Heft no object in McDonald’s new burgers for Japan

By Dow Jones Newswires-Wall Street Journal
Posted Jan. 11 at 1:31 p.m.

Even as its U.S. parent bows to consumer demand for healthier products, McDonald’s in Japan is ladling on the calories — an unusual strategy in a country known for its healthy diet and longevity.

Japan’s top restaurant chain by number of stores, McDonald’s Holdings Co. (Japan) Ltd. rolled out its Big America 2 campaign last week, featuring four burgers named for U.S. locales. The Idaho burger, which will make its debut by the end of this month, features a quarter-pound beef patty, melted cheese, a deep-fried hash brown, strips of bacon, onions and pepper-and-mustard sauce. The calorie count: 713.

The Texas 2 Burger — with chili, three buns, cheese and bacon — comes in at 645 calories. The 557-calorie Miami burger has tortilla chips nestled on top of the beef patty. By contrast, McDonald’s Japan’s Quarter Pounder and Big Mac mainstays come in at 556 calories each.

McDonald’s Japan expects to report a 41 percent drop in net income, to 7.6 billion yen ($91.4 million) for last year, largely because of the cost of closing 433 smaller and underperforming stores. But the outlook is less severe than the 55 percent drop the company had forecast earlier and accompanies an improved outlook for operating income and sales. McDonald’s Japan’s stock rose 14 percent last year, compared with a 3 percent drop in Japan’s Nikkei Stock Average.

Yasutsuru Mori, a svelte 74-year-old patron, wolfed down a Texas 2 Burger this weekend. “I love hamburgers. I eat every new hamburger that comes out in Japan, but I especially love McDonald’s burgers,” he said. “McDonald’s keeps to the fundamental American hamburger profile: ketchup, mustard and beef.”

The strategy in Japan seems diametrically opposed to McDonald’s U.S. strategy: a continued focus on healthier eating options. Though McDonald’s in the U.S. still offers hefty items, such as a Double Quarter Pounder with Cheese listed at 740 calories, nine meal-size salads and a fruit-and-walnut salad for snacking are on the menu as well. The U.S. website features a steaming bowl of oatmeal, studded with fruit. In Japan, there’s only one salad offering — a puny side salad — and no oatmeal.

McDonald’s Japan says its strategy here isn’t different from that of U.S.-based McDonald’s Corp., which owns 50 percent of the Japanese company. A McDonald’s Japan spokesman said it regularly is in touch with its U.S. parent to discuss strategy.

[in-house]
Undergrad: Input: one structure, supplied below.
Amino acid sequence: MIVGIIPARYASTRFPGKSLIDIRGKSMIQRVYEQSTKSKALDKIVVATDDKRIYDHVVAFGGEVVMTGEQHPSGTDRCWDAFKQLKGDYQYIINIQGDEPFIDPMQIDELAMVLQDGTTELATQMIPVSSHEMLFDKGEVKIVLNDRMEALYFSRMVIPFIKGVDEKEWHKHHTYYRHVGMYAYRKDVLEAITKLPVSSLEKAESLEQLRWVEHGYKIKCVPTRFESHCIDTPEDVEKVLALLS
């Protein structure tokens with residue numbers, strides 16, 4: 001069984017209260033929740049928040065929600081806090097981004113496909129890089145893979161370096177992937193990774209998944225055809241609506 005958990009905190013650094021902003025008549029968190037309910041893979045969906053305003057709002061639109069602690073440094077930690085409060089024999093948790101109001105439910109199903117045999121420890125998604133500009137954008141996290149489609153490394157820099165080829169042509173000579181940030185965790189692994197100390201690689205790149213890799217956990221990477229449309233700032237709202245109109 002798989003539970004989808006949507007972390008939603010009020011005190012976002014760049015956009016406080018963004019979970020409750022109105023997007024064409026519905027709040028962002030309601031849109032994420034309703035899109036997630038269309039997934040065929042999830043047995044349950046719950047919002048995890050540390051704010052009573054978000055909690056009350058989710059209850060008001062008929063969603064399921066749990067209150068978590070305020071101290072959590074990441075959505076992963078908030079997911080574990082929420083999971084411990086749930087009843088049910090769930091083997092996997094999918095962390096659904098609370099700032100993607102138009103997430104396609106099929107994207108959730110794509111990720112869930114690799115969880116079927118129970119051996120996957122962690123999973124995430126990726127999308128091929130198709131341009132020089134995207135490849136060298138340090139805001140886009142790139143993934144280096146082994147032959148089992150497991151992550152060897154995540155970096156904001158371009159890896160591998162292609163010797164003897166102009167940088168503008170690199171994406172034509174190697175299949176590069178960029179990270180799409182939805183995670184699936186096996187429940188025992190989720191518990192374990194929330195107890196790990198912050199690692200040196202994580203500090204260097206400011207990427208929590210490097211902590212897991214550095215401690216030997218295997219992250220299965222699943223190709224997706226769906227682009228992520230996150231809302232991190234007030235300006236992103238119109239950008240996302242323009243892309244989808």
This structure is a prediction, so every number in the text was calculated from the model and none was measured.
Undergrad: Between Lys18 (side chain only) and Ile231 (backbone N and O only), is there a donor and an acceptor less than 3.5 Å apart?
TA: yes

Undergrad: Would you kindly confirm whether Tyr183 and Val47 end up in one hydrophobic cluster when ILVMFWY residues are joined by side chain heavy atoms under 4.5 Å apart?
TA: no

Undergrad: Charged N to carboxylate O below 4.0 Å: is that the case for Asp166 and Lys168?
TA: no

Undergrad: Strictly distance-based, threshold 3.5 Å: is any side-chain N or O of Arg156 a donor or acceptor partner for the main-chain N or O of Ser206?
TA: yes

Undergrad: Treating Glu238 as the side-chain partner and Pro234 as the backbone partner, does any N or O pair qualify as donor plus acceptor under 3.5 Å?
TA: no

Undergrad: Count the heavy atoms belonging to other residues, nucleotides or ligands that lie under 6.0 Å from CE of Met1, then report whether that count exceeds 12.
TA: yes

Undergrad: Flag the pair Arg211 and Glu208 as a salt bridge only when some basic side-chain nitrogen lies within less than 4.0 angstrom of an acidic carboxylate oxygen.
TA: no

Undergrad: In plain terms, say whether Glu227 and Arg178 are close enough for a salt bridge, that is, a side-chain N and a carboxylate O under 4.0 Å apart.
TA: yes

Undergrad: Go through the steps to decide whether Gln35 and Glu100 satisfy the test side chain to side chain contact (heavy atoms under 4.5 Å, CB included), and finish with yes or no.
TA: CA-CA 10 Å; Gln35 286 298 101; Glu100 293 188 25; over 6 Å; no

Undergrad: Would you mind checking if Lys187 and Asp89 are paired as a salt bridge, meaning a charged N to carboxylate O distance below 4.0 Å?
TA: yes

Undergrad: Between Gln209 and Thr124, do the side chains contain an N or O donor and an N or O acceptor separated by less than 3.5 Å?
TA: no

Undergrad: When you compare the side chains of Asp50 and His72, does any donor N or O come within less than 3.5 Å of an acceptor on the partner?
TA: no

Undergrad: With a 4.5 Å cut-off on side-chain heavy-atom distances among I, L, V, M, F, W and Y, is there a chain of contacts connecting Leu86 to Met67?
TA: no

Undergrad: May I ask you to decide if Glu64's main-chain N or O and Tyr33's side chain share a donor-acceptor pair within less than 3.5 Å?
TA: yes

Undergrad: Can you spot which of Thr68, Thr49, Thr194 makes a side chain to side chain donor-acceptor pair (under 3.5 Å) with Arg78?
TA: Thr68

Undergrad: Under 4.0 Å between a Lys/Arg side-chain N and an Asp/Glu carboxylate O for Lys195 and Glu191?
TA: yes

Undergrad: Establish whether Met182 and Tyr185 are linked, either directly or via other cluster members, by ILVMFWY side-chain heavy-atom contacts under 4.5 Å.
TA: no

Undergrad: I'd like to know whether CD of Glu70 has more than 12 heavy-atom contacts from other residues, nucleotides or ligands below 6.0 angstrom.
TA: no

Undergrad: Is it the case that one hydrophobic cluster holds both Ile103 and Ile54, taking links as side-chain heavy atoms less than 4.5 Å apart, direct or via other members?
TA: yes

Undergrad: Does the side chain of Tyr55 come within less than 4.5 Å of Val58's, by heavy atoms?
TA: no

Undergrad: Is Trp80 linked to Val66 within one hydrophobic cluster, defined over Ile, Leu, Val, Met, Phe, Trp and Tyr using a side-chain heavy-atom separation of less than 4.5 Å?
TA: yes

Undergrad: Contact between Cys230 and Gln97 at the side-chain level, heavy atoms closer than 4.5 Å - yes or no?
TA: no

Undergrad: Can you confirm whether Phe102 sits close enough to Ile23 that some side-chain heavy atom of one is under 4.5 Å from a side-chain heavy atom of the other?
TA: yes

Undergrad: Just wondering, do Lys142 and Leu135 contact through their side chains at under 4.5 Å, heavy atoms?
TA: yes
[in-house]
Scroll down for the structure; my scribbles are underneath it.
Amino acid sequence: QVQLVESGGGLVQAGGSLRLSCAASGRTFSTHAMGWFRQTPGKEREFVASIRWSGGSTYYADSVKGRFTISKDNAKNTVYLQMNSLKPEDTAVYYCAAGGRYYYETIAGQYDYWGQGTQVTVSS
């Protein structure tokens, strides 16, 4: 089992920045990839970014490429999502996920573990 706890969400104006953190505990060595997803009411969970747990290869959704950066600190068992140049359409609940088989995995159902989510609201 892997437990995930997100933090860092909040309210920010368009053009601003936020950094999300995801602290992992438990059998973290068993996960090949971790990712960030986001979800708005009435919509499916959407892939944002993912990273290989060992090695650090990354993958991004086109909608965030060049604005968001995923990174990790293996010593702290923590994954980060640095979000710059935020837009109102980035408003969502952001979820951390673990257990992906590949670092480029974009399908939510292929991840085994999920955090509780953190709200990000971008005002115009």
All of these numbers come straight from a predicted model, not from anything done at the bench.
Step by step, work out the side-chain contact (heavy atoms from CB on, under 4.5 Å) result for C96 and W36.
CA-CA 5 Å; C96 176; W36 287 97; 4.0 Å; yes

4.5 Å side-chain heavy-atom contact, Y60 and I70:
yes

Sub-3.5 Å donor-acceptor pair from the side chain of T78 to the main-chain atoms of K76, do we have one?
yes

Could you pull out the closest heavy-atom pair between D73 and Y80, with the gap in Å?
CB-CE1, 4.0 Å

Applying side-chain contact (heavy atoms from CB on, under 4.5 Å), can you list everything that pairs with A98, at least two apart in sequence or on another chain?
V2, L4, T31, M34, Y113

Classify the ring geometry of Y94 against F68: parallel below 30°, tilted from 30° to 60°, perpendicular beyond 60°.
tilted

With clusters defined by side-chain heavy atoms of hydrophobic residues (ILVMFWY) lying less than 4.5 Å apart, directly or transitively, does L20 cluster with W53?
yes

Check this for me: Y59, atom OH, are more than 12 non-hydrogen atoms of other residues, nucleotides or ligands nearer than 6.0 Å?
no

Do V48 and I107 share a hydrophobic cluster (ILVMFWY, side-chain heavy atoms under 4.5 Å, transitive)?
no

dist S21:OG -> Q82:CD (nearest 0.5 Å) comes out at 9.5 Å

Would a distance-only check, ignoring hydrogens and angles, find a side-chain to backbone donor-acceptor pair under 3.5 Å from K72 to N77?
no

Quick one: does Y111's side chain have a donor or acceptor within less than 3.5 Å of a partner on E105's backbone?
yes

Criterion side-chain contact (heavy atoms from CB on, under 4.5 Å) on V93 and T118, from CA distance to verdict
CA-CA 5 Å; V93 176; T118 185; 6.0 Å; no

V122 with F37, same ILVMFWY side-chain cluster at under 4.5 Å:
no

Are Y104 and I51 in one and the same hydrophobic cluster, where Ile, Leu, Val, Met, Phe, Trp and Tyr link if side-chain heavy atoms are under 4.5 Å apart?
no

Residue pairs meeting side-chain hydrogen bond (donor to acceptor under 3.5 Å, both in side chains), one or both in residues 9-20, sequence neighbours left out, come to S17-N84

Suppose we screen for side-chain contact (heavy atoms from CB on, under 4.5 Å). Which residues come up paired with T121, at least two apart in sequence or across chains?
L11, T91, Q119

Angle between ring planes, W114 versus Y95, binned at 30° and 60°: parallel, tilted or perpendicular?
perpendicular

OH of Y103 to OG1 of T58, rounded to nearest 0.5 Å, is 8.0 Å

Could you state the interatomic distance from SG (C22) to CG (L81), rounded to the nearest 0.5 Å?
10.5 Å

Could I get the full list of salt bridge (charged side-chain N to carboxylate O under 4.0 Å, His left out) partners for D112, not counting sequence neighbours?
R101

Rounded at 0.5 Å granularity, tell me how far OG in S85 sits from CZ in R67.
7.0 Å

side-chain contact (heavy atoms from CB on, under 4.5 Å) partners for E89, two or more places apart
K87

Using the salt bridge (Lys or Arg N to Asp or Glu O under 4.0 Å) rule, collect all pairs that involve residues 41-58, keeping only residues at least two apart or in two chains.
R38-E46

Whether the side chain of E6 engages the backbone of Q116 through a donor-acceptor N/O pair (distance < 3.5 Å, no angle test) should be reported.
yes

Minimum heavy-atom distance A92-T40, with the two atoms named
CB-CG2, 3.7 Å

“I believe we are not going in a completely different direction to the U.S.,” a McDonald’s Japan spokesman said. “Consumers in Japan see beef as what McDonald’s can offer, and it tastes good. It’s our core competency.”

The big burger blitz comes as the Japanese, famed for their fish-and-rice diet and general slenderness, have been plumping up over the years. The proportion of Japanese adults considered overweight increased nearly four percentage points to 23.2 percent in 2004 from five years earlier, according to the World Health Organization.

While Japan is still several waist sizes away from the U.S. — the WHO said 66.9 percent of U.S. adults were overweight in 2004 — health concerns have prompted Tokyo to implement measures to help trim expanding waistlines. In 2008, the federal government passed a law that makes waistline measurements a compulsory part of annual check-ups for adults between 40 and 74 years old.

Unlike its U.S. parent, McDonald’s Japan hasn’t been vilified for the nation’s expanding girth. A spokesman said men around 18-30 years old typically make up the bulk of its “big sandwich” consumers, though other age groups consume them as well.

Part of the success in Japan is because of its marketing strategy. The company has homed in on a crucial element of the Japanese consumer psyche: a predilection for offerings that are available only during a short time span. For example, the Texas 2 Burger, introduced last Friday, will be replaced by the Idaho burger later this month. The company also has used Twitter and bloggers to spread the word.

“Japanese people have a weakness for products that are available for a limited time period,” 34-year-old Kazuyo Aoshima said outside a McDonald’s outlet in Tokyo’s posh Ginza district last Friday. The Tokyo resident said she plans to try all four burgers.

McDonald’s outlets in Japan also don’t evoke the image of a typical fast food joint. Workers greet customers with the type of enthusiastic attitude characteristic of Japan’s service industry and the restaurants are lit with a warm glow, unlike the fluorescent lighting found overseas.

“There are more service people and they come around 1 8 to clean 3 8 pretty frequently. The garbage cans are never full at McDonald’s,” Mr. Mori said. “The management is far better here than other places,” he said.

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